Eighth Chapter - Mercury
"That very evening just before nightfall, we heard a great rumble of thunder, as though the island itself was being shaken to its roots. In a few minutes the sky darkened and the black cloud that covered it was lit from below as by a fire. From the top of Mount Snowdon we saw first rapid red flashes leap out and climb up into the sky, then a broad, slow stream of burning lava: it did not descend toward us but to the left, the south, pouring from ridge to ridge, hissing and crackling. After an hour it reached the sea and there it was doused with a roar, lifting up a column of vapor. None of us had ever thought that Mount Snowdon could be a volcano; and yet the shape of its summit, with a round hollow at least two hundred feet deep, could have made us us suspect this.
The spectacle continued all through the night, calming down every so often, then picking up again with a new series of explosions; it seemed that it would never end. Yet, toward dawn, a hot wind blew from the east, the sky cleared off again, and the uproar gradually died down until it was reduced to a murmur, then silence. The mantle of lava, which had been yellow and dazzling, turned reddish like smoldering coals, and by daylight it was extinguished."
|Map of Desolation Island highlighting Mount Snowdon from The Periodic Table
|Simplified map of the Mediterranean plates showing the subduction zones. From Ring et al, 2013.
However, Levi points out at the beginning of the chapter that Desolation Island is located 1,200 miles to the southeast from an island known as St. Helena. St. Helena is actually a real volcanic island that is located in the middle of the southern Atlantic Ocean. It's claim to fame is that it was the location of Napoleon's final exile/imprisonment and where he eventually died. Although the island is a volcano, it's last eruption was 7 million years ago, when the island was situated along the Mid-Atlantic Ridge. The Mid-Atlantic Ridge is a divergent plate boundary, which means that two plates are pulling apart from each other. This pull-apart results in a very long volcanic mountain chain located beneath the oceanic surface. While most of the volcanoes remain below the surface of the ocean, some do break the surface, with St. Helena being one of those examples. Eventually the island moved along with the plate as the plate spread out from the divergent plate boundary. This movement moved the volcano away from its source of magma, making it an extinct volcano, likely never to erupt again. The type of eruption that came from St. Helena would be vastly different than the one from Pompeii as well. While Pompeii would contain an explosive eruption with lots of ash and volcanic gasses and clouds, St. Helena would more resemble a Hawaiian eruption, with a steady stream of low-viscosity lava and very little clouds.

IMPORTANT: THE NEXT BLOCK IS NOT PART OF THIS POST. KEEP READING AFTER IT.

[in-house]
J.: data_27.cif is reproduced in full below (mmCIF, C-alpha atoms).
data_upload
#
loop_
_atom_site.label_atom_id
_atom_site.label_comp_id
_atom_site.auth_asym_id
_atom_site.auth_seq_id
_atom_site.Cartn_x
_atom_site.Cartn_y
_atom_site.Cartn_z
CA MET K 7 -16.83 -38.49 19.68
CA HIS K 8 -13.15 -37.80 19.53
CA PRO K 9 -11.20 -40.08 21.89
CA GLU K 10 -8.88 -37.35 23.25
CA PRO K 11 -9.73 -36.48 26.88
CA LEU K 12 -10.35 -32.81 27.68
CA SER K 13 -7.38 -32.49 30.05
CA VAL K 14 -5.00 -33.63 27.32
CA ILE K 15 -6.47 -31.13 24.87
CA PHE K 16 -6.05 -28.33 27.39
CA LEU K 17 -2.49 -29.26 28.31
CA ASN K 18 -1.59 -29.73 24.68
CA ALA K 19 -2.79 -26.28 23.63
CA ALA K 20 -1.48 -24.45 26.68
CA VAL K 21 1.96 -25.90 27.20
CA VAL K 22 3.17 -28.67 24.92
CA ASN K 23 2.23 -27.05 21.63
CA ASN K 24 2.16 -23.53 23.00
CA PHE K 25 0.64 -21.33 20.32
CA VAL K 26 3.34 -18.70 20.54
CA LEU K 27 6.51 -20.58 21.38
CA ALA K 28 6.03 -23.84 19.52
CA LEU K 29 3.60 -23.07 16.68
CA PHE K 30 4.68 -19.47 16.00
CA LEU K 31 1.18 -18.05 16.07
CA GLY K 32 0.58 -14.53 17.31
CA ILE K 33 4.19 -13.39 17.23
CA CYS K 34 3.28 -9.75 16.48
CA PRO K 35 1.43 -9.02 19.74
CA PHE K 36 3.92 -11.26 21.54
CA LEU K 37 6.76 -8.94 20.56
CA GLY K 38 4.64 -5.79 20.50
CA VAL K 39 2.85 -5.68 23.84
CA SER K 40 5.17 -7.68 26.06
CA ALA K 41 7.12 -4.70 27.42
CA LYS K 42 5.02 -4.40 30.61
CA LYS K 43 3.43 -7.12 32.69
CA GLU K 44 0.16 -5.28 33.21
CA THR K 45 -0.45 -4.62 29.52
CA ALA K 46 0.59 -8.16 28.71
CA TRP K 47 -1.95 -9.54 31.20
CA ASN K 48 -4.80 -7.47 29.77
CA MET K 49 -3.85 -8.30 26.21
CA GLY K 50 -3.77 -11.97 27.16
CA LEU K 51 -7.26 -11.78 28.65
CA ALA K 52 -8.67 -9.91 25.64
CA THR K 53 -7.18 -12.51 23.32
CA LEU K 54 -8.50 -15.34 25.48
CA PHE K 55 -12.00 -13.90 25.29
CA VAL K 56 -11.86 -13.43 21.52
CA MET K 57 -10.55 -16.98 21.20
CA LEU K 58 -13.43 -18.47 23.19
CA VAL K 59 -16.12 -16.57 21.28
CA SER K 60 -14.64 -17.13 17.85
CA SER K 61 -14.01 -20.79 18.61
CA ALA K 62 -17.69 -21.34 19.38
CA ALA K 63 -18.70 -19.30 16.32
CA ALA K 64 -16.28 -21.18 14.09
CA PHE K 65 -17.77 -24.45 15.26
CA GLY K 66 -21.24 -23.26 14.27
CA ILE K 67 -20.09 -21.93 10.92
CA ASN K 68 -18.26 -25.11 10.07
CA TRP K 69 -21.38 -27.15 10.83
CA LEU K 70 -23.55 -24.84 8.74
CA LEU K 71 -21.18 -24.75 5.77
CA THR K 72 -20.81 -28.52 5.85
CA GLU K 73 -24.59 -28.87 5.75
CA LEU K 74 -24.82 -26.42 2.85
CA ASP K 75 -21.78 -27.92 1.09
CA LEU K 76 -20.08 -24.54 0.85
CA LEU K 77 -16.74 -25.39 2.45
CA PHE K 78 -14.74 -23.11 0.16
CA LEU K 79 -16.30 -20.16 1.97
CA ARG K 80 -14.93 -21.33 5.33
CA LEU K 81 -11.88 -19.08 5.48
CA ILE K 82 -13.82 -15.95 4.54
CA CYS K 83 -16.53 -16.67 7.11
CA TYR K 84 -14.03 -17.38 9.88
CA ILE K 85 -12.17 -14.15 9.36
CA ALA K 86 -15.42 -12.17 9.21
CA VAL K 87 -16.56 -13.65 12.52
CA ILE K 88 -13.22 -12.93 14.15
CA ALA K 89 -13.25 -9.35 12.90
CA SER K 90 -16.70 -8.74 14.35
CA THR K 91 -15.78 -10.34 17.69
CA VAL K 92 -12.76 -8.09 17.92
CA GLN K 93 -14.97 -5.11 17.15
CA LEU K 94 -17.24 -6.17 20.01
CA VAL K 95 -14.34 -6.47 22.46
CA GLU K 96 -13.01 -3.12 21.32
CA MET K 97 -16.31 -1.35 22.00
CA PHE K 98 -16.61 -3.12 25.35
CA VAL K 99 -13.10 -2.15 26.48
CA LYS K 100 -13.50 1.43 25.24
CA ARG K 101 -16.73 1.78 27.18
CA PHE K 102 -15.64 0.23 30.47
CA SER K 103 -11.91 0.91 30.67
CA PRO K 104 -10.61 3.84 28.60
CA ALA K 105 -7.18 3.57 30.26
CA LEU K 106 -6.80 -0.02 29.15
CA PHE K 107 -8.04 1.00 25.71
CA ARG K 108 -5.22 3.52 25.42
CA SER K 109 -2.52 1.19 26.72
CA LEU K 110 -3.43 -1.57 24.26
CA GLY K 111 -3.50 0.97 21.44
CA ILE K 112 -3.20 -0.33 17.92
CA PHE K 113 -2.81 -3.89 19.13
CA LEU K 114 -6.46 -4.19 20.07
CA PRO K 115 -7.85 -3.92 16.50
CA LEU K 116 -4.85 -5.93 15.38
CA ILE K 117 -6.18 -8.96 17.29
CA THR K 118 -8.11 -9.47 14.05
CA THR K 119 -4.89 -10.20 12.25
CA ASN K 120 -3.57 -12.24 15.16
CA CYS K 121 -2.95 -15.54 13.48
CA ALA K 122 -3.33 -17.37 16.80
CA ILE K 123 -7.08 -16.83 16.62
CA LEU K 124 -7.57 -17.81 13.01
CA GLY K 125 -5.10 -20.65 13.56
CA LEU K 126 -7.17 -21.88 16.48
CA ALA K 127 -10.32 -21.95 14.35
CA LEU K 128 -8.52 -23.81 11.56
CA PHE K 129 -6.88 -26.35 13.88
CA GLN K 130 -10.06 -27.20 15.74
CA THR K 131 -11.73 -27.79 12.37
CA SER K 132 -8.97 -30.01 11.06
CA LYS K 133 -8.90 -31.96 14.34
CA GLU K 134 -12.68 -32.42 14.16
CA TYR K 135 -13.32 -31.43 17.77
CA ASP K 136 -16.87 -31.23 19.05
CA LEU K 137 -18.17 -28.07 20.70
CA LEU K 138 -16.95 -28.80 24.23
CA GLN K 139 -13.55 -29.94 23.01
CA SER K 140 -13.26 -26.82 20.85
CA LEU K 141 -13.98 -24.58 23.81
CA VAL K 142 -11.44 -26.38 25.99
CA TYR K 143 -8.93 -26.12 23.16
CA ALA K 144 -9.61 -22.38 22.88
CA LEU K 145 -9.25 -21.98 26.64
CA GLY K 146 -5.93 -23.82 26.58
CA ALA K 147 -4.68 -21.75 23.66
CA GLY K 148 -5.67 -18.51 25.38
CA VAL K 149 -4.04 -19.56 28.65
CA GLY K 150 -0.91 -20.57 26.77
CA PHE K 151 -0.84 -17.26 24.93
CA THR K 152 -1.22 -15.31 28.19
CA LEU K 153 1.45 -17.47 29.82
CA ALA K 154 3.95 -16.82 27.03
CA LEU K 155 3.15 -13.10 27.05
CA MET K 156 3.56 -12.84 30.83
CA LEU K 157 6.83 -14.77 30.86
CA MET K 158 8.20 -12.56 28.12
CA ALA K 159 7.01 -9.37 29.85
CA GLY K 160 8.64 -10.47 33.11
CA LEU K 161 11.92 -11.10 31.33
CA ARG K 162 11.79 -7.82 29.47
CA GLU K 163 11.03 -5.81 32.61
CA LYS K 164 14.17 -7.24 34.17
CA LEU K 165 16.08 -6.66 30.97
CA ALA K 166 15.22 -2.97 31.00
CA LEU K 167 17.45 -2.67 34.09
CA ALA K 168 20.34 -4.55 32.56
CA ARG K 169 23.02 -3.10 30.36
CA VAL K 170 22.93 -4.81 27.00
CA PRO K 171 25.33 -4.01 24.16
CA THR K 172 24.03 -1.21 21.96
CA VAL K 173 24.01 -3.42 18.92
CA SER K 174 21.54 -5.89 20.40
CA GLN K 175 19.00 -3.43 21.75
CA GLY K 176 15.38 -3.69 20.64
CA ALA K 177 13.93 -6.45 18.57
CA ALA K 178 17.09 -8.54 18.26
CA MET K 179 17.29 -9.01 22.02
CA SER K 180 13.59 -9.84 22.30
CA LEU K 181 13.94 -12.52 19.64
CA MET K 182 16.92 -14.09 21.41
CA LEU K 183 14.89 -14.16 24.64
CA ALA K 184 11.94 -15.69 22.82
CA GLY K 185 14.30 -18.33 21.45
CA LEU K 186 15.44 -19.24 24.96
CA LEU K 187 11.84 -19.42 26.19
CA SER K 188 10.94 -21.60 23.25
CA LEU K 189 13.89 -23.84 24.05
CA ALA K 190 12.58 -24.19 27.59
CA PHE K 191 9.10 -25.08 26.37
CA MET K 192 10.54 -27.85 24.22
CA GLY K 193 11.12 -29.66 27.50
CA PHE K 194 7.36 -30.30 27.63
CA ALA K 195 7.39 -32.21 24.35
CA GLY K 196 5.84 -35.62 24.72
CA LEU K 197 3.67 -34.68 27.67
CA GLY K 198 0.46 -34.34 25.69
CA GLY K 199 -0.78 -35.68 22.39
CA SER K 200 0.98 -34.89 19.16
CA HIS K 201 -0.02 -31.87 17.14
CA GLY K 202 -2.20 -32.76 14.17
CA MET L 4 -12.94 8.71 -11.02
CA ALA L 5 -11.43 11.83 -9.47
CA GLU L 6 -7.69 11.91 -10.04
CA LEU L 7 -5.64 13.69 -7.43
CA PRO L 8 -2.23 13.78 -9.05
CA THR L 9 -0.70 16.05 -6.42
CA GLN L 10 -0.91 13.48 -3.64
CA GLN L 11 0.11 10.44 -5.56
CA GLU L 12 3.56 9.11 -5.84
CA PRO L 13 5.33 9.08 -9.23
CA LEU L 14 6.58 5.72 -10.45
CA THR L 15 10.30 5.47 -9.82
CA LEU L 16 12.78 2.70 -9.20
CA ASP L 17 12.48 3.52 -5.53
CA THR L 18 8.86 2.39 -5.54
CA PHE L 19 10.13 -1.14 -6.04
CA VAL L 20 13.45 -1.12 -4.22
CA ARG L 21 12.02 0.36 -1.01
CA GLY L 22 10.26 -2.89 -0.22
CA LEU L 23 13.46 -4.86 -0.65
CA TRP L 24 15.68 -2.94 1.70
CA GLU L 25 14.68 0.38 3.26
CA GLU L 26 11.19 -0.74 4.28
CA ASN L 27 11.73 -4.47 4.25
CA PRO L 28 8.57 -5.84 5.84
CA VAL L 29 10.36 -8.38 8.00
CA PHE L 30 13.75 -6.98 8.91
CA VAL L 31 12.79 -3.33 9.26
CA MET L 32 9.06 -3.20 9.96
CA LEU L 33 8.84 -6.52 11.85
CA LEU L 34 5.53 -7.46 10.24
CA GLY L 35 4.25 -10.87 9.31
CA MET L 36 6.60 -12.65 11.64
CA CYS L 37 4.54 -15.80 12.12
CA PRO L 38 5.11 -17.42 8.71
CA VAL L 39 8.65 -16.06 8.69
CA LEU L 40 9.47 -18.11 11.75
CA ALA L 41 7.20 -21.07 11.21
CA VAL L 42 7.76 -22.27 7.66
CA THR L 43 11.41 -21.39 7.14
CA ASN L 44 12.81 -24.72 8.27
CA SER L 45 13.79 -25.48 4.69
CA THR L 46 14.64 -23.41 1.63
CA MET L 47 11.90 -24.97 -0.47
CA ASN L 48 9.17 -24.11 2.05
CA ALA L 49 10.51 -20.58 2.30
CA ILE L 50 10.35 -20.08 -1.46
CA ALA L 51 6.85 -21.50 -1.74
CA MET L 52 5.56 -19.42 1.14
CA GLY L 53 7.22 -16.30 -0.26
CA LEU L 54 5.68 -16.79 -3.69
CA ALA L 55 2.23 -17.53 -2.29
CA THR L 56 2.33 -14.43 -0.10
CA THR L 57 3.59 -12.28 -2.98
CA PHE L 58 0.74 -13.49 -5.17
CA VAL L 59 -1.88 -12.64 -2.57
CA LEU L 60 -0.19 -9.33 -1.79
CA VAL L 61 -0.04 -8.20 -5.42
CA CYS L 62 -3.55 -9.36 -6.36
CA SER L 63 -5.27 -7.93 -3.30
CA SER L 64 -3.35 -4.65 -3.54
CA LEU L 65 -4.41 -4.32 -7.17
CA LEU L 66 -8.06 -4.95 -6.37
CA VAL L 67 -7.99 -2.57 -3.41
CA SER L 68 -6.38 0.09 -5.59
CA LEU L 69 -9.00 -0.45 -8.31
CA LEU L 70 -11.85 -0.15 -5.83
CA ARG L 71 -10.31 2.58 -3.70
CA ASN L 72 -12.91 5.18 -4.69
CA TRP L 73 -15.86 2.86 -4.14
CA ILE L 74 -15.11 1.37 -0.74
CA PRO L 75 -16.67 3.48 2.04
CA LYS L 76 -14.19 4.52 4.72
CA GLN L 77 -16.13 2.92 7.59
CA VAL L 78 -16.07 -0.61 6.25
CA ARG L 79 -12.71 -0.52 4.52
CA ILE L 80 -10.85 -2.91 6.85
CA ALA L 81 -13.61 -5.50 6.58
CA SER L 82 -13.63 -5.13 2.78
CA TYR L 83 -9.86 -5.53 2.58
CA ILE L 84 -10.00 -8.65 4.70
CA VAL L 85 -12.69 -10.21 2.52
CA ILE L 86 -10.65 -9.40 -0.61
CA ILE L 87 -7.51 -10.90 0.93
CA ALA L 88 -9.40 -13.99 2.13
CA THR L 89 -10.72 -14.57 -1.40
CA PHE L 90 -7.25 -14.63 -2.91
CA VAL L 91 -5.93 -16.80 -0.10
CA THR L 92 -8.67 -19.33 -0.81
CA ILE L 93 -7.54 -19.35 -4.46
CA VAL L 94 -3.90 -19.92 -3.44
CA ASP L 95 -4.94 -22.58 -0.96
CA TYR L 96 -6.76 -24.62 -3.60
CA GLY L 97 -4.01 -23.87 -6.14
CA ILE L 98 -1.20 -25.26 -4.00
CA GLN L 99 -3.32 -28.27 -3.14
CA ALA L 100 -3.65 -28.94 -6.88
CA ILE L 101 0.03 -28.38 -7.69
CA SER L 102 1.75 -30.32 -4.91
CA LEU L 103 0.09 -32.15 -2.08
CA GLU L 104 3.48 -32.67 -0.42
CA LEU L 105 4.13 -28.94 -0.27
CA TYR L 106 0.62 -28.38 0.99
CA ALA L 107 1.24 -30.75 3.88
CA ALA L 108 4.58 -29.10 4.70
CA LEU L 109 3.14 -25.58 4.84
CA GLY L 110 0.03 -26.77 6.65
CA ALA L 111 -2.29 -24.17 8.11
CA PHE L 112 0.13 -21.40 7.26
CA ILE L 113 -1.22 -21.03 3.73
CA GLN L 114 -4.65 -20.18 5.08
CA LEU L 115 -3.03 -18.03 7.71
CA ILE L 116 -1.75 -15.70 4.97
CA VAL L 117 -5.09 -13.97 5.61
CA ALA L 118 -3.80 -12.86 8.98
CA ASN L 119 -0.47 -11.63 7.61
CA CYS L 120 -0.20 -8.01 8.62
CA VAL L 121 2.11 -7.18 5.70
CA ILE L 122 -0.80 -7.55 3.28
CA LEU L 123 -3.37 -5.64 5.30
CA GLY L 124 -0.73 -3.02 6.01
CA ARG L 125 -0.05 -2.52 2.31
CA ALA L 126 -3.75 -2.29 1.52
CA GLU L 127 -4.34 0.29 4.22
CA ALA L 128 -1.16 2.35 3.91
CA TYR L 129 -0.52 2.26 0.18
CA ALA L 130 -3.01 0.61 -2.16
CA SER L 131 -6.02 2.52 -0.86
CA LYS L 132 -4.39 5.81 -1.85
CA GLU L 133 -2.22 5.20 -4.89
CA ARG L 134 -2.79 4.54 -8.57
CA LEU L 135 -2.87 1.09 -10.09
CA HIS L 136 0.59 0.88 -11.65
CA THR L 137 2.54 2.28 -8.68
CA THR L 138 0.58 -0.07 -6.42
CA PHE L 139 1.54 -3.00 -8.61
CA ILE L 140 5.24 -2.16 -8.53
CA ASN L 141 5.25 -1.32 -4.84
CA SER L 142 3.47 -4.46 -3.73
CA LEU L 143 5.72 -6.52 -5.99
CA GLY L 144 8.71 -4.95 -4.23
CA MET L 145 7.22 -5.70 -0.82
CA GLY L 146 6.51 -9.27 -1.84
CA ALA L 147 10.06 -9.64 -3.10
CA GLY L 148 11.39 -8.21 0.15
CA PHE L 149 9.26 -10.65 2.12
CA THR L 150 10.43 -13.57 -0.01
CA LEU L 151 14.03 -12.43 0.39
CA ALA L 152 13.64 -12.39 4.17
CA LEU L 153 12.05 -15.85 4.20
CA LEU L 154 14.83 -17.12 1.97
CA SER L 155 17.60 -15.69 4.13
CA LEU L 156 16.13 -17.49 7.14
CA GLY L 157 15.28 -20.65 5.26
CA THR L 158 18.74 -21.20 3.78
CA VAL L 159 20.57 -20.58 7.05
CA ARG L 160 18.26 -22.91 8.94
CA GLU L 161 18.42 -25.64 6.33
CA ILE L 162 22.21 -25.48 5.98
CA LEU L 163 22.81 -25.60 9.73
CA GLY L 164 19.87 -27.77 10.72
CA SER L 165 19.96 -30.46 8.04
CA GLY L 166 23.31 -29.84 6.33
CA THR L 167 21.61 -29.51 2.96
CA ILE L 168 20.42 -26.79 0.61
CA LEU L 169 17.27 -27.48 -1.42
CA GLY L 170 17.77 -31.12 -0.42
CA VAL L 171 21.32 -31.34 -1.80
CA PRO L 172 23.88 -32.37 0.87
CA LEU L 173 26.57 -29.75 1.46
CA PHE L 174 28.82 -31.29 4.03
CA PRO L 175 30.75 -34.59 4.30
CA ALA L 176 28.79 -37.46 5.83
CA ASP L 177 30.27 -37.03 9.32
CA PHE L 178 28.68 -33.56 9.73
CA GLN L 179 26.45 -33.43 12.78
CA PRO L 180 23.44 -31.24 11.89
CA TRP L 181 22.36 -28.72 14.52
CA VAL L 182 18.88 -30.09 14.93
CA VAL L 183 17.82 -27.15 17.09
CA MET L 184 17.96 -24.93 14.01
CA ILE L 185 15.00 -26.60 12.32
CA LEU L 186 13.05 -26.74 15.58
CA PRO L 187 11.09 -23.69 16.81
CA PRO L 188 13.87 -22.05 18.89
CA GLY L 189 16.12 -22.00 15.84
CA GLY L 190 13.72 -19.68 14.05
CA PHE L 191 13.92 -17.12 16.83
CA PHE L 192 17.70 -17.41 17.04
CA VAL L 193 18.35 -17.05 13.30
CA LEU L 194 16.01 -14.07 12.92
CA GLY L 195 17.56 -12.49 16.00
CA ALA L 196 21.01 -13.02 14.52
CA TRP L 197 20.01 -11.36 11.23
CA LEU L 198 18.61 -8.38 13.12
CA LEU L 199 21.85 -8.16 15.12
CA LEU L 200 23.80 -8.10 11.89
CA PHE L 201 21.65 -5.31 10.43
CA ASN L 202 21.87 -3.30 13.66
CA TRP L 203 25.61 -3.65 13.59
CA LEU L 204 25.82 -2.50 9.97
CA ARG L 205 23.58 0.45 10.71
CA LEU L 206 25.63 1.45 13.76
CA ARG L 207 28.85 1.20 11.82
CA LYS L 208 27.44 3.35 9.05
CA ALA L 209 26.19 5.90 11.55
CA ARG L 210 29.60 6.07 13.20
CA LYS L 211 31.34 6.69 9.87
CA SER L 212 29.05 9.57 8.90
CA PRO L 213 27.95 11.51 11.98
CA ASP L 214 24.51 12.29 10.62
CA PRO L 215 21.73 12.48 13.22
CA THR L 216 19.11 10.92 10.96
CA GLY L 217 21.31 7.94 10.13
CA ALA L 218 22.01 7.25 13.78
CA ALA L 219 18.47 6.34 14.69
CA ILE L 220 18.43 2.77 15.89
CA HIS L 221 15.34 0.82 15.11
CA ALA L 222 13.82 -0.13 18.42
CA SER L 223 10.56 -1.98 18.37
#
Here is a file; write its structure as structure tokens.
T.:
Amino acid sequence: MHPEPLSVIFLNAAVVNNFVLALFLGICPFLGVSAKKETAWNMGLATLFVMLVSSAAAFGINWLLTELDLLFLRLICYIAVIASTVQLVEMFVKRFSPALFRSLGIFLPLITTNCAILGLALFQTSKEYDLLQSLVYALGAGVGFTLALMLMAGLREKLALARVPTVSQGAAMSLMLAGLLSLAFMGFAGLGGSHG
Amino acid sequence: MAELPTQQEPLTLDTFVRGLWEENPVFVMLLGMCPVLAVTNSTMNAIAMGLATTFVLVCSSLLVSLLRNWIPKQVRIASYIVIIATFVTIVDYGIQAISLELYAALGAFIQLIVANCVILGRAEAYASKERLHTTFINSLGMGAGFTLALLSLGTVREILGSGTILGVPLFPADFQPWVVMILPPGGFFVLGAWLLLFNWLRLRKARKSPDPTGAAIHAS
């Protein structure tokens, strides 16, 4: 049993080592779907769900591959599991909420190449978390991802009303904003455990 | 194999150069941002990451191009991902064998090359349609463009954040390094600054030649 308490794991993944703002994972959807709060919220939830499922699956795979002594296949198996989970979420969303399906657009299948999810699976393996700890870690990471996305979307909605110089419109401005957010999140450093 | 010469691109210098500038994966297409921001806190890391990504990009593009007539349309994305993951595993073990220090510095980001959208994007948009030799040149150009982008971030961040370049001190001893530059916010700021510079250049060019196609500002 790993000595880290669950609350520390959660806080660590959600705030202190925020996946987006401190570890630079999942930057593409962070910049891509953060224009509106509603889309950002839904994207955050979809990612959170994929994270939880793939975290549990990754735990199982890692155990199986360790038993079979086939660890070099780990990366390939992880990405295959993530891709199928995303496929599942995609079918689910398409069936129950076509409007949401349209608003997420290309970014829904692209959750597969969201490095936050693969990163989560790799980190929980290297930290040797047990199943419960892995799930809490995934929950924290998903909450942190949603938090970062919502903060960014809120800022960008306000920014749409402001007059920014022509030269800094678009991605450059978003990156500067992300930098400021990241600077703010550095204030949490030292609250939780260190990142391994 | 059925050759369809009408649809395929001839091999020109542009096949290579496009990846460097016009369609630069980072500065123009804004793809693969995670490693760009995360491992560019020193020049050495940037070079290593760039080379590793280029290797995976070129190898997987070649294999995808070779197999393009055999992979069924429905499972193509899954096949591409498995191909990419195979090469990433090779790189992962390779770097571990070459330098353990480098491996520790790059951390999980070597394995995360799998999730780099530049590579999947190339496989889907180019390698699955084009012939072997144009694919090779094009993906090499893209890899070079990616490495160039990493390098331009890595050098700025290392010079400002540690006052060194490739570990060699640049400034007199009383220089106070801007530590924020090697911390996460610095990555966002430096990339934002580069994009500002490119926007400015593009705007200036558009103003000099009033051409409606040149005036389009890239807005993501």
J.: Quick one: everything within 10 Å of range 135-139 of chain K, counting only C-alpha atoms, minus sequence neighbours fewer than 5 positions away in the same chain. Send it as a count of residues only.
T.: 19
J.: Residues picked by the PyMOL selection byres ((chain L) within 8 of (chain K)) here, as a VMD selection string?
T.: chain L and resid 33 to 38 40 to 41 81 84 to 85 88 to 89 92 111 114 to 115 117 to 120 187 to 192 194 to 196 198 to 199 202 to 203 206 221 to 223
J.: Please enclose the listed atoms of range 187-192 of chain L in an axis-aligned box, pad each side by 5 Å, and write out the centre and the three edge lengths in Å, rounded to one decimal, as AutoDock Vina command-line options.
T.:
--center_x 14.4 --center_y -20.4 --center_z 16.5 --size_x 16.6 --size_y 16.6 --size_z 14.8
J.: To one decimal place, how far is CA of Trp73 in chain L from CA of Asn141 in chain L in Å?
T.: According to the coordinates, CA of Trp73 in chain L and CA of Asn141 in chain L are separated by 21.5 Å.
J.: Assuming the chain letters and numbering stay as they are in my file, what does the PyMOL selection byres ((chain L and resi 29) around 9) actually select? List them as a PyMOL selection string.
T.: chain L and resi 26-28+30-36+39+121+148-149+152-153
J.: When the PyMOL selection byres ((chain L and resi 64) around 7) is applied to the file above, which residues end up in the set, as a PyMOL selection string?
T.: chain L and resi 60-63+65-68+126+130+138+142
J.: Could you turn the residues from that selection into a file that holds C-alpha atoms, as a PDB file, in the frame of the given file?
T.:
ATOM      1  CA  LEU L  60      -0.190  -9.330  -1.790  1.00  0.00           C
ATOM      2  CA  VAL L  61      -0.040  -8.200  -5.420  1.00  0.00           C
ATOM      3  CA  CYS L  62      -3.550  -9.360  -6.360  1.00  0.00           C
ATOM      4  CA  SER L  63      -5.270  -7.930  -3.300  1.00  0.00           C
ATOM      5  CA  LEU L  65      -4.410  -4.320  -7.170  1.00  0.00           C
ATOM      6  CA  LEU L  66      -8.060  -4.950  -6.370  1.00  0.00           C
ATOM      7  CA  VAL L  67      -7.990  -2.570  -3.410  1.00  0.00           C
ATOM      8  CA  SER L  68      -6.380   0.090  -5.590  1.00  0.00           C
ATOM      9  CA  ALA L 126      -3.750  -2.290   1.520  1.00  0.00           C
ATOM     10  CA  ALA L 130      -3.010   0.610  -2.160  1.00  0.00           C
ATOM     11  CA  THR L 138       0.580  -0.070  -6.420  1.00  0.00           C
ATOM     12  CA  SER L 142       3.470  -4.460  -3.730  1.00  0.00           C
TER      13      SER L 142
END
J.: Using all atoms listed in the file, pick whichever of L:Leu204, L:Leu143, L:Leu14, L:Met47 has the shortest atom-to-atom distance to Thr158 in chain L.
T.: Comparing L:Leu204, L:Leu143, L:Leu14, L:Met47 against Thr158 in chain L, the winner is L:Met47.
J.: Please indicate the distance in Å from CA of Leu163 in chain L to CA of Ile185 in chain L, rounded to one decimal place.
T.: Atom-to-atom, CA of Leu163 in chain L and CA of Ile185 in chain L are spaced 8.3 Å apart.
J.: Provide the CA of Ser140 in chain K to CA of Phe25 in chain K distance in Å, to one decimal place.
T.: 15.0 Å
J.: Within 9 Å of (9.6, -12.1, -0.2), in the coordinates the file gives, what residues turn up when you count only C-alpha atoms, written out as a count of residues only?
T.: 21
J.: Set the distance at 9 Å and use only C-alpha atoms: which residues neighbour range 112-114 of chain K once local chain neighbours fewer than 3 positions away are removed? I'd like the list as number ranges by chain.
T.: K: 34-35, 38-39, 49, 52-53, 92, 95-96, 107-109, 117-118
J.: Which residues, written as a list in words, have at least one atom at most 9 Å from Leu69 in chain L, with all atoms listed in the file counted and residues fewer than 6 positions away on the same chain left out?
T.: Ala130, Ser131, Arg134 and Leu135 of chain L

Ring, U., Gessner, K., Thomson, S., & Markwitz, V. (2013). Along-strike variations in the Hellenide Anatolide orogen: A tale of different lithospheres and consequences. Bulletin of the Geological Society of Greece, 47(2), 625-636.